The seed for the Glen Helen series was planted in 1977, when I walked into the Pace Gallery in New York City and found Lee Krasner surrounded by a series of new works constructed from her drawings from her art student days. The force of her recycled work stayed with me, not just as powerful imagery, but also because of the questions it posed. Why do we save our student drawings? Are we able to collaborate with our younger selves?
The Glen Memories series grew from that encounter. What I did not know then is that the series that would be my (first) recycled series was my least successful group of early drawings from 1968, when I was studying “Natural History in the Glen.” The raw quality of the Glen drawings never reached the level of my other student work, and so I put the notebook away, frustrated that I had wasted my time by neither learning natural history nor successfully drawing from nature.
In the summer of 2007, I found that notebook of drawings, and knew that I could salvage that work by digitizing and recombining. Soon thereafter, I revisited Ohio for the first time in 30 years with a digital camera in hand. After photographing the sites of my original drawings, I subsequently fused these photos with the scanned, colorized pen and ink drawings.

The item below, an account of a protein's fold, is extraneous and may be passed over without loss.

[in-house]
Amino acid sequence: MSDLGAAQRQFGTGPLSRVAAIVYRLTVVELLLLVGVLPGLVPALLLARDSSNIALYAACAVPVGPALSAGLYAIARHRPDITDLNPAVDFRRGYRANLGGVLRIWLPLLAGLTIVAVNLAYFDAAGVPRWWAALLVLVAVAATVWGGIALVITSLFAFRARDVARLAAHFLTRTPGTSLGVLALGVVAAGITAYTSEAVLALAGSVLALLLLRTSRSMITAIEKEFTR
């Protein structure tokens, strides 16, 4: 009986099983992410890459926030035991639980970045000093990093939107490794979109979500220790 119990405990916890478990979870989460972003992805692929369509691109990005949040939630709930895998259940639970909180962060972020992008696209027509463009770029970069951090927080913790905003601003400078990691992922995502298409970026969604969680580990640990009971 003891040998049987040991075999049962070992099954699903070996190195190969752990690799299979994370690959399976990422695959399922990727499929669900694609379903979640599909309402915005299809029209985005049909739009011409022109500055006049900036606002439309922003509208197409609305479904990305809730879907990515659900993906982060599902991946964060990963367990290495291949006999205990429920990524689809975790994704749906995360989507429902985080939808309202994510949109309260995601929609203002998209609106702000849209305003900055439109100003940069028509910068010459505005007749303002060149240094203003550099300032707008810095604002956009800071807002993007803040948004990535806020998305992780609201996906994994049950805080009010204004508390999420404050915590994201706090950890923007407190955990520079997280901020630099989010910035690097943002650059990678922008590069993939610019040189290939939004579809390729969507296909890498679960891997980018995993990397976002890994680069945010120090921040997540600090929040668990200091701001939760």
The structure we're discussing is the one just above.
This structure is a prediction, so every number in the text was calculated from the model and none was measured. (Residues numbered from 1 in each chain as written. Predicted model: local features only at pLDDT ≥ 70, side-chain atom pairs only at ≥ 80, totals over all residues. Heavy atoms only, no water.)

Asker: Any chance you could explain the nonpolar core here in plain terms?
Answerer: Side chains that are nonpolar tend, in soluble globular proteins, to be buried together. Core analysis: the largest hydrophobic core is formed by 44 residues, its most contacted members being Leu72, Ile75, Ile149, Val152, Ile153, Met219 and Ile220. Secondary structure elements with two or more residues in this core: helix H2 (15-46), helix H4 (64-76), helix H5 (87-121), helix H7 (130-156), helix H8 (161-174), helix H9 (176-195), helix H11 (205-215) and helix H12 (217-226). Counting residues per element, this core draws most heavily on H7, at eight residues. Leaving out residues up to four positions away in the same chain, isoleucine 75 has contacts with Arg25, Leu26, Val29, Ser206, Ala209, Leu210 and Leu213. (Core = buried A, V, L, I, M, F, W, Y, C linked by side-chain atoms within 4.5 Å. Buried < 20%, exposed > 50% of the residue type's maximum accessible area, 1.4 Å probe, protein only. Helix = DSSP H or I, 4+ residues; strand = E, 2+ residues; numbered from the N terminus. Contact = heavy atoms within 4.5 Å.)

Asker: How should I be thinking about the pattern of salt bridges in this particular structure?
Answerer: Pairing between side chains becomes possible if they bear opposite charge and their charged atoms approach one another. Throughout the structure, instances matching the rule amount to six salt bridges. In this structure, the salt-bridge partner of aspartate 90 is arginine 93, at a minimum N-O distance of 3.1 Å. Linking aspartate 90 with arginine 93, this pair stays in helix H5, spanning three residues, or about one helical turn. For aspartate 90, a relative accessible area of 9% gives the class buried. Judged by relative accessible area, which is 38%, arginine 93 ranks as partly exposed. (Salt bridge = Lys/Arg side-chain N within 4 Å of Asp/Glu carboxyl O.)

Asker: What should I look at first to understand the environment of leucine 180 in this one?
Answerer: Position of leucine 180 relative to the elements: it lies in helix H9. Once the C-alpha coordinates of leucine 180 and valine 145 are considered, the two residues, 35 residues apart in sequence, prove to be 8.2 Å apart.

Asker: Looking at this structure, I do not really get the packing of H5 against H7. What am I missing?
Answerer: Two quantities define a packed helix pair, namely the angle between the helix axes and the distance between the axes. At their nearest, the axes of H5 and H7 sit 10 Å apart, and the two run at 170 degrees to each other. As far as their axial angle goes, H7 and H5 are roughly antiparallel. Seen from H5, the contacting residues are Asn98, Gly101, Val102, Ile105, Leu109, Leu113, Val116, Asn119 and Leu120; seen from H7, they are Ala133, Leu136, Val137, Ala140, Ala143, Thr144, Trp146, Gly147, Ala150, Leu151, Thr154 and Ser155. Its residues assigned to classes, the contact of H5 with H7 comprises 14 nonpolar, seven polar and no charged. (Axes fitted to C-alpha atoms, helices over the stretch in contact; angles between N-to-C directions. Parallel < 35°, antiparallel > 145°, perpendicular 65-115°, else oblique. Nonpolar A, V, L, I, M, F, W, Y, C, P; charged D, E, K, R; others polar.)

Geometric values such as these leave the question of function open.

Just as Krasner’s recycled figurative work emerged as abstract expressionist, my own recycled Glen Helen images represent wandering from analogue to digital, from student artist to mature artist, from black and white to color. As a body, the works speak to the aesthetic changes of our generation, and the conceptual and technical space between pen and ink, digital photography, and the layers of modern compositing. The melding of drawing and photograph reveal surprising similarities that were not evident in the uncooked original drawings, nor in the untouched digital photographs. In the intertwining process, I discovered the magical flow of natural form that only comes alive in that in-between space, and in this collaboration with my younger self.
As an artist who was trained in the age of Abstract Expressionist painting, my use of representational imagery developed in lockstep with new technology. In the pre-scanning era, my early digital work focused on compositional structure, incorporating influences from a number of diverse cultures. As scanning and digital photography became available, the imagery gradually moved into representations and responses to specific sites of Cultural Heritage. This work was recognized with multiple grants from the Connecticut Commission on the Arts, the Memorial Foundation for Jewish Culture, the New England Foundation on the Arts, and artist residencies in France, Canada, Israel, and Scotland, with showings of the work in festivals, museums, and arts centers around the world, including numerous SIGGRAPH art shows. Currently, I am investigating the incorporation of microscopic plankton into my work, thinking about the hidden aspects of our environment. I am also continuing to animate the Glen series, bringing it to a collaboration with a musical composer. The merger of representation and abstraction, of the real and of the sensations of experience, remain an ongoing interest.